Sustainability, moreover, means above all taking care, an inclination not to erode but to conserve resources.” But what’s the risk here? I wonder if sustainability professionals – despite the female majority – have the necessary aptitude for communications and engagement to make them true ambassadors for sustainability within their organisations. It’s a problem that starts early in the career path. I’ve been involved in a number of courses preparing students or young professionals for a career in sustainability but very often I’m the only person in the entire course to talk about communications. And corporate culture appears even less often in these programmes, which tend to reinforce the traditional silo of the sustainability function focused only on performance metrics and reporting.
Building bridges internally
Very often, there is a breakdown because communications people don’t understand sustainability and sustainability people who don’t get communications. This lack of trust in each other is common and can lead to veiled hostility: the sustainability function is terrified of slipping into the greenwashing trap and bristles at what it sees as superficial or misleading claims to being sustainable or green; the communications function despairs at colleagues in sustainability who appear only once a year, with a hefty tome of a sustainability report “that needs to be communicated” (as if the communications effort starts only once the report has been finalized). There is an evident need for responsible communications, and that needs to be embedded into both sustainability and communications practices. Very often purpose is the glue that connects sustainability to culture and behaviours and communications. Not purpose in the sense of an emotionally loaded mission statement, a kind of corporate slogan, but a sense of purpose that guides the whole business and all employees towards common aspirations beyond the bottom line. In the words of Jeroen van der Veer, former CEO of Royal Dutch Shell and ex-chairman of Philips: “the successful companies of the future will be those that integrate business and employees’ personal values.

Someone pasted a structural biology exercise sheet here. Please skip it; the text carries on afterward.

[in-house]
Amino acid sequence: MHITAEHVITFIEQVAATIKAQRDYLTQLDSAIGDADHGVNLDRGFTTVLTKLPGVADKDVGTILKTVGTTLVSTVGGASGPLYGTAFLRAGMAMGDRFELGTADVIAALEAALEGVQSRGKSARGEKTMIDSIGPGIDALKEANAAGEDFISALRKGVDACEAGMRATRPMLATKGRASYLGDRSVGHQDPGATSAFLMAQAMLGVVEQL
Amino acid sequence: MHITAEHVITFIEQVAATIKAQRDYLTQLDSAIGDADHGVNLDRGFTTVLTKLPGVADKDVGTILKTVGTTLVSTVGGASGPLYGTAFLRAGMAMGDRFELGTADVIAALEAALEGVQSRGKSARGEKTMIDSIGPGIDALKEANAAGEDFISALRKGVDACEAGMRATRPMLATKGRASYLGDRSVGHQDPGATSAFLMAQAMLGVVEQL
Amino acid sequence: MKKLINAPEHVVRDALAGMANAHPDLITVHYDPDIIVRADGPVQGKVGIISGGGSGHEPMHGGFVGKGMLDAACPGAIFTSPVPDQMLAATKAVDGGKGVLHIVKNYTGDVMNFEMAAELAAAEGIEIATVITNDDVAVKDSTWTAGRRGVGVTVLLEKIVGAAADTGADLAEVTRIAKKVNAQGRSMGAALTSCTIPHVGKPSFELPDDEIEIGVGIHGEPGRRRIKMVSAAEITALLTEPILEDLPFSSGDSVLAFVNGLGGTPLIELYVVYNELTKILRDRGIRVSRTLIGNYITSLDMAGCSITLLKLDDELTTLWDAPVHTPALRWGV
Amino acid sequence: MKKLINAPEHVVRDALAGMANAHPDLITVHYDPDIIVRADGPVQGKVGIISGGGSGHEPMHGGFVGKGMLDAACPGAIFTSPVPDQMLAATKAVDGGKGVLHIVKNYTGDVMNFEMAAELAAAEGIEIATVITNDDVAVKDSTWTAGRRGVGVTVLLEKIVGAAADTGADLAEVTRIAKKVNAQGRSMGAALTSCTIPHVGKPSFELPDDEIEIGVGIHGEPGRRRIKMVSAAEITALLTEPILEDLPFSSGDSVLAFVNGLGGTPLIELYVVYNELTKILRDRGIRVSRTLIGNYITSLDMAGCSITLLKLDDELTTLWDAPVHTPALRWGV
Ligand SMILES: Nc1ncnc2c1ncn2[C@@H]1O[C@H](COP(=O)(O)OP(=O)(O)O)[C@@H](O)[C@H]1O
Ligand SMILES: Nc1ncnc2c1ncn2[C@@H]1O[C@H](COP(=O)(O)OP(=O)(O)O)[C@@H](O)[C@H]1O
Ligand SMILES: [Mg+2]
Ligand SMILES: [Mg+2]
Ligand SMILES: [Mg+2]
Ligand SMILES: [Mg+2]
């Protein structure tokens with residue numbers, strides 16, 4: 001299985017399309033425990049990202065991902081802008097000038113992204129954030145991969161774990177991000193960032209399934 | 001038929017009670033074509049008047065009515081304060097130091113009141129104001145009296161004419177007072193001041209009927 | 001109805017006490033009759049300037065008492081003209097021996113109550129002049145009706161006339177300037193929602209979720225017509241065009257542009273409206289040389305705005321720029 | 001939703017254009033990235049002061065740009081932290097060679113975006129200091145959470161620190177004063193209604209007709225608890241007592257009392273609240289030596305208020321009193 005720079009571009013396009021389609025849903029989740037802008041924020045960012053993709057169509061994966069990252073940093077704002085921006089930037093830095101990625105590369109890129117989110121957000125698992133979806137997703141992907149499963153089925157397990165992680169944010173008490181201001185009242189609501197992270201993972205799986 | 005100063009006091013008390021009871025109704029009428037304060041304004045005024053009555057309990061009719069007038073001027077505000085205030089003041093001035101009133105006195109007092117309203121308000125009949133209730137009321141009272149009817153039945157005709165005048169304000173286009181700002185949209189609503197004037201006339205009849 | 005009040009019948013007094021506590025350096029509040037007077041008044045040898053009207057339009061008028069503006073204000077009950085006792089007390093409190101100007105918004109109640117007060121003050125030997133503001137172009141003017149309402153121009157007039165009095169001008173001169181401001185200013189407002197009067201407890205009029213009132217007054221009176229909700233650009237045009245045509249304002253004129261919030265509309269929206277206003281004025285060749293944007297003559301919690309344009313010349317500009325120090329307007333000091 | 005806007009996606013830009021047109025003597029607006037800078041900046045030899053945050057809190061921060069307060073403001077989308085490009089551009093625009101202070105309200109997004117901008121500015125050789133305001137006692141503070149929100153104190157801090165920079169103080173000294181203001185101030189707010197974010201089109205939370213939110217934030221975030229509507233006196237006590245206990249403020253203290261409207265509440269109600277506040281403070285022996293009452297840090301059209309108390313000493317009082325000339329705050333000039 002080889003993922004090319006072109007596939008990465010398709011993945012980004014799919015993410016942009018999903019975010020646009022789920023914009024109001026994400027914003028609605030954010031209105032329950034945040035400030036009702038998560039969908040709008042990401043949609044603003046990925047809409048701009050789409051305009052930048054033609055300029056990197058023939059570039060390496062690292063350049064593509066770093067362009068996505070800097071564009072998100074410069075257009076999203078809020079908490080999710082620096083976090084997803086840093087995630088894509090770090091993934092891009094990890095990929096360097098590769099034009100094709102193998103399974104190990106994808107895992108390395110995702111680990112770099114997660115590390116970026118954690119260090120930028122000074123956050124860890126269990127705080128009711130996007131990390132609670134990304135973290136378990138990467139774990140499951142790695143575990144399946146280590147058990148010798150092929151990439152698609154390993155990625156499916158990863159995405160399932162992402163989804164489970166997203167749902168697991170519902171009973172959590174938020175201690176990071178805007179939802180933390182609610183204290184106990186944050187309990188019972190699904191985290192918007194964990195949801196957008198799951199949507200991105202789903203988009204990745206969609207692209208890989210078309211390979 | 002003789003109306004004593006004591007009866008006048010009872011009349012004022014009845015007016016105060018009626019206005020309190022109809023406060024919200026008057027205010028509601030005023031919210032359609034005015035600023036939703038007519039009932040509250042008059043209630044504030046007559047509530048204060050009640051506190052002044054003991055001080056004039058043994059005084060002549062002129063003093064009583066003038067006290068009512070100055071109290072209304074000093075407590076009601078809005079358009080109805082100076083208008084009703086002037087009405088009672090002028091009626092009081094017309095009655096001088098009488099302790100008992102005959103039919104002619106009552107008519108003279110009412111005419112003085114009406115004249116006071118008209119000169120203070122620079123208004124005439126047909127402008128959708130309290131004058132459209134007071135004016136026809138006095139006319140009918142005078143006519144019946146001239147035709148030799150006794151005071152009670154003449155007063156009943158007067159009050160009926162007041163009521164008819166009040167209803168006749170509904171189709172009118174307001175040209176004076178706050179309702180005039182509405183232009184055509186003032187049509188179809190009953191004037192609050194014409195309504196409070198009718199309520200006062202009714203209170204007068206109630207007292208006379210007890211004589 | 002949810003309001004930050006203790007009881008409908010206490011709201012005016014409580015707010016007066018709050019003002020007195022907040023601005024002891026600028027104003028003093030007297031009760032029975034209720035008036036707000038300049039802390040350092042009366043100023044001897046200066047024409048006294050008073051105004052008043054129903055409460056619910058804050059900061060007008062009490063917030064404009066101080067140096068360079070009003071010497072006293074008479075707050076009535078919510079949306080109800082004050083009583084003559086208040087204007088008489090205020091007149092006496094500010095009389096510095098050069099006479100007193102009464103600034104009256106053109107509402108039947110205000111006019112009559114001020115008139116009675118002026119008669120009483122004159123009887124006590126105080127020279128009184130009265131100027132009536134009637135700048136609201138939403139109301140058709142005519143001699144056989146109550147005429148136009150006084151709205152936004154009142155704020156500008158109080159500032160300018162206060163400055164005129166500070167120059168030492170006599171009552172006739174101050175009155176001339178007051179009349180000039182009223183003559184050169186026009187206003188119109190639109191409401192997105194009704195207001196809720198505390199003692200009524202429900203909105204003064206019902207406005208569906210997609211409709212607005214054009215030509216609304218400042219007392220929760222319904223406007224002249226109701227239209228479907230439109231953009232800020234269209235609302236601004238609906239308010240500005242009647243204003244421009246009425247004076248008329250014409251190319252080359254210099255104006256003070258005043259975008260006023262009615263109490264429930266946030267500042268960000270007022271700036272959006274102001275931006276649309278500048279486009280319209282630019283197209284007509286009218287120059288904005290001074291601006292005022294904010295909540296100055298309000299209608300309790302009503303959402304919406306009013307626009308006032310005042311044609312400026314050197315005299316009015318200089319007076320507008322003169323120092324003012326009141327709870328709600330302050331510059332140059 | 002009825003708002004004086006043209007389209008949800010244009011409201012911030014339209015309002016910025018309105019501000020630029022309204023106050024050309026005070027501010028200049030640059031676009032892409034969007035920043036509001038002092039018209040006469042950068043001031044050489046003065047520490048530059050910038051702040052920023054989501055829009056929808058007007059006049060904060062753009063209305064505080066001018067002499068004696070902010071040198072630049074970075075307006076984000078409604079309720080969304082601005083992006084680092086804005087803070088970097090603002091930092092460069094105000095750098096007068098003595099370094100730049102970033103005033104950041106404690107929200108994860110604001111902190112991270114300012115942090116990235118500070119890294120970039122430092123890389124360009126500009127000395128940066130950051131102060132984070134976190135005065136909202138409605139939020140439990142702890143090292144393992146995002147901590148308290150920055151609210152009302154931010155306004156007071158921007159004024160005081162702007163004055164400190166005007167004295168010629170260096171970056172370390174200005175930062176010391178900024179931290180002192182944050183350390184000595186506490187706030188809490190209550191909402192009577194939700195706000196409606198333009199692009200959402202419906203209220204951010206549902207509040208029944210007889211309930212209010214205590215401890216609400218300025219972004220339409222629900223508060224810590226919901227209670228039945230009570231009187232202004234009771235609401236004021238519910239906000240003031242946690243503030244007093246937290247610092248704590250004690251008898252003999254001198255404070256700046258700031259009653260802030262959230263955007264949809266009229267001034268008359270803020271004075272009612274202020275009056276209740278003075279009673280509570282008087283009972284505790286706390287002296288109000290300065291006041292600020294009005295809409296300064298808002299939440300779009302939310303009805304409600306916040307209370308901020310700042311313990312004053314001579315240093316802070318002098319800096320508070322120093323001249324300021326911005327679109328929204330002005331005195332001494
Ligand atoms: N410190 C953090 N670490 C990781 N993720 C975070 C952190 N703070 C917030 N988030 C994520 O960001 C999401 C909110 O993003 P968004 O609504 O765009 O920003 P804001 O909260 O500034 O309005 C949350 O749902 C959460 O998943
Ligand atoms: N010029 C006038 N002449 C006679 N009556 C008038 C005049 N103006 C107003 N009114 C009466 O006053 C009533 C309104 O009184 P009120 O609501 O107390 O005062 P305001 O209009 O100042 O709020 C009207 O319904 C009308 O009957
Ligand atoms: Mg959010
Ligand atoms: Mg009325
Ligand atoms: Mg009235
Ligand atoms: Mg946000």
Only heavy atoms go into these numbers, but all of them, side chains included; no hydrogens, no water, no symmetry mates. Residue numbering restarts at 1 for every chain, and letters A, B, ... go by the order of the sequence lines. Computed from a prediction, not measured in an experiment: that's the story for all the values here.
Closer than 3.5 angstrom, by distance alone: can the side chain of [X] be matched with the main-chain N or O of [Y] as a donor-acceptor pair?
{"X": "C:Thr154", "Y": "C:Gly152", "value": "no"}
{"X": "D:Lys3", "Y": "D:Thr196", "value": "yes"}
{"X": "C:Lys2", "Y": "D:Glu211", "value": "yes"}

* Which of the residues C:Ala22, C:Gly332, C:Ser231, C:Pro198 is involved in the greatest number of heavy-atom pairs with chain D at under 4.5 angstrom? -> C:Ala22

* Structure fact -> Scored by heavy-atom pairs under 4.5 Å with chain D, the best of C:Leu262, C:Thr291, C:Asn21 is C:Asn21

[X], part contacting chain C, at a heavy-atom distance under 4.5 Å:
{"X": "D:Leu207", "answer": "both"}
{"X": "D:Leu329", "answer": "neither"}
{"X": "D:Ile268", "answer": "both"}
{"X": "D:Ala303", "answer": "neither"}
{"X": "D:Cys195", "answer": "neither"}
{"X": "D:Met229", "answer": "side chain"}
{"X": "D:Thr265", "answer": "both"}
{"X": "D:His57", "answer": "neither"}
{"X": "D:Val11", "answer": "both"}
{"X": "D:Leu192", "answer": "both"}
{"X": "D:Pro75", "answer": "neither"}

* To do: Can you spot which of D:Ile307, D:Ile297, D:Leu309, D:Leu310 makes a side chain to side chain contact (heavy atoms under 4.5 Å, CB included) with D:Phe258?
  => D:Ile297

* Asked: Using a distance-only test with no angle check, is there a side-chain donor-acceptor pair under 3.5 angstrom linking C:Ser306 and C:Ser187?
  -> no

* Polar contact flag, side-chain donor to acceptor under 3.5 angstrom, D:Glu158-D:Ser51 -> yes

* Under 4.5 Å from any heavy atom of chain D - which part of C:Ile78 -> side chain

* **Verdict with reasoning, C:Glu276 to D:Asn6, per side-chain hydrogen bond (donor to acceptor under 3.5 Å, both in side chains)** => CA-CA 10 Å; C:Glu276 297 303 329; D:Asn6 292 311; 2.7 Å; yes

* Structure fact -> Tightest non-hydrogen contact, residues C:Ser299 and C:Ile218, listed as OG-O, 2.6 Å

Sustainability is a mission that evolves and needs to be renewed over time.
Five ways to embed a culture of sustainability
- Lead by example and make sure management behaviours are coherent with a culture of sustainability.
- Make employees feel engaged in the sustainability journey by actively involving them in surveys, workshops, ambassador programmes, storytelling, etc.
- Don’t make sustainability only about a “better future”: show the connections between the past (heritage) and what lies ahead.
- Make sure you are digitally fluent so you can leverage your engagement skills and advocacy even in a hybrid, hyper-connected work environment.
- Make HR your allies to build sustainable values into internal comms and talent attraction.
The best people want to do work that contributes to society with a company whose values they share, where their actions count and their views matter.” Art and culture certainly have a role to play here, due to their strong emotional connections. Art in particular has a vast potential to transform society thanks to its ability to provide new perspectives and challenge entrenched ways of seeing the world. And Europe is full of companies boasting long histories going back 100 years or more and that can draw on their heritage to support these connections. The challenge is to make sure that the cultural initiatives help to reinforce the sense of purpose, connect directly to a narrative of transformation and innovation in an era of rapid change and global challenges (see our article on page 6).
To repeat, culture is a question of behaviours, which means that the company and its management need to lead by example, so that employees and other stakeholders can see a culture of sustainability in practice. It may mean long-term leadership in its sector for health and safety practices and performance; a recognised track record in emissions reduction; a culture of inclusion that embraces not only employees but also the products and services or the supply chain. From this perspective, there is more need than ever to lead this culture of sustainability, champion sustainable practices and keep ambitions high. Yes, it has to be embedded into the organisation but corporate sustainability itself needs to be sustainable and sustained.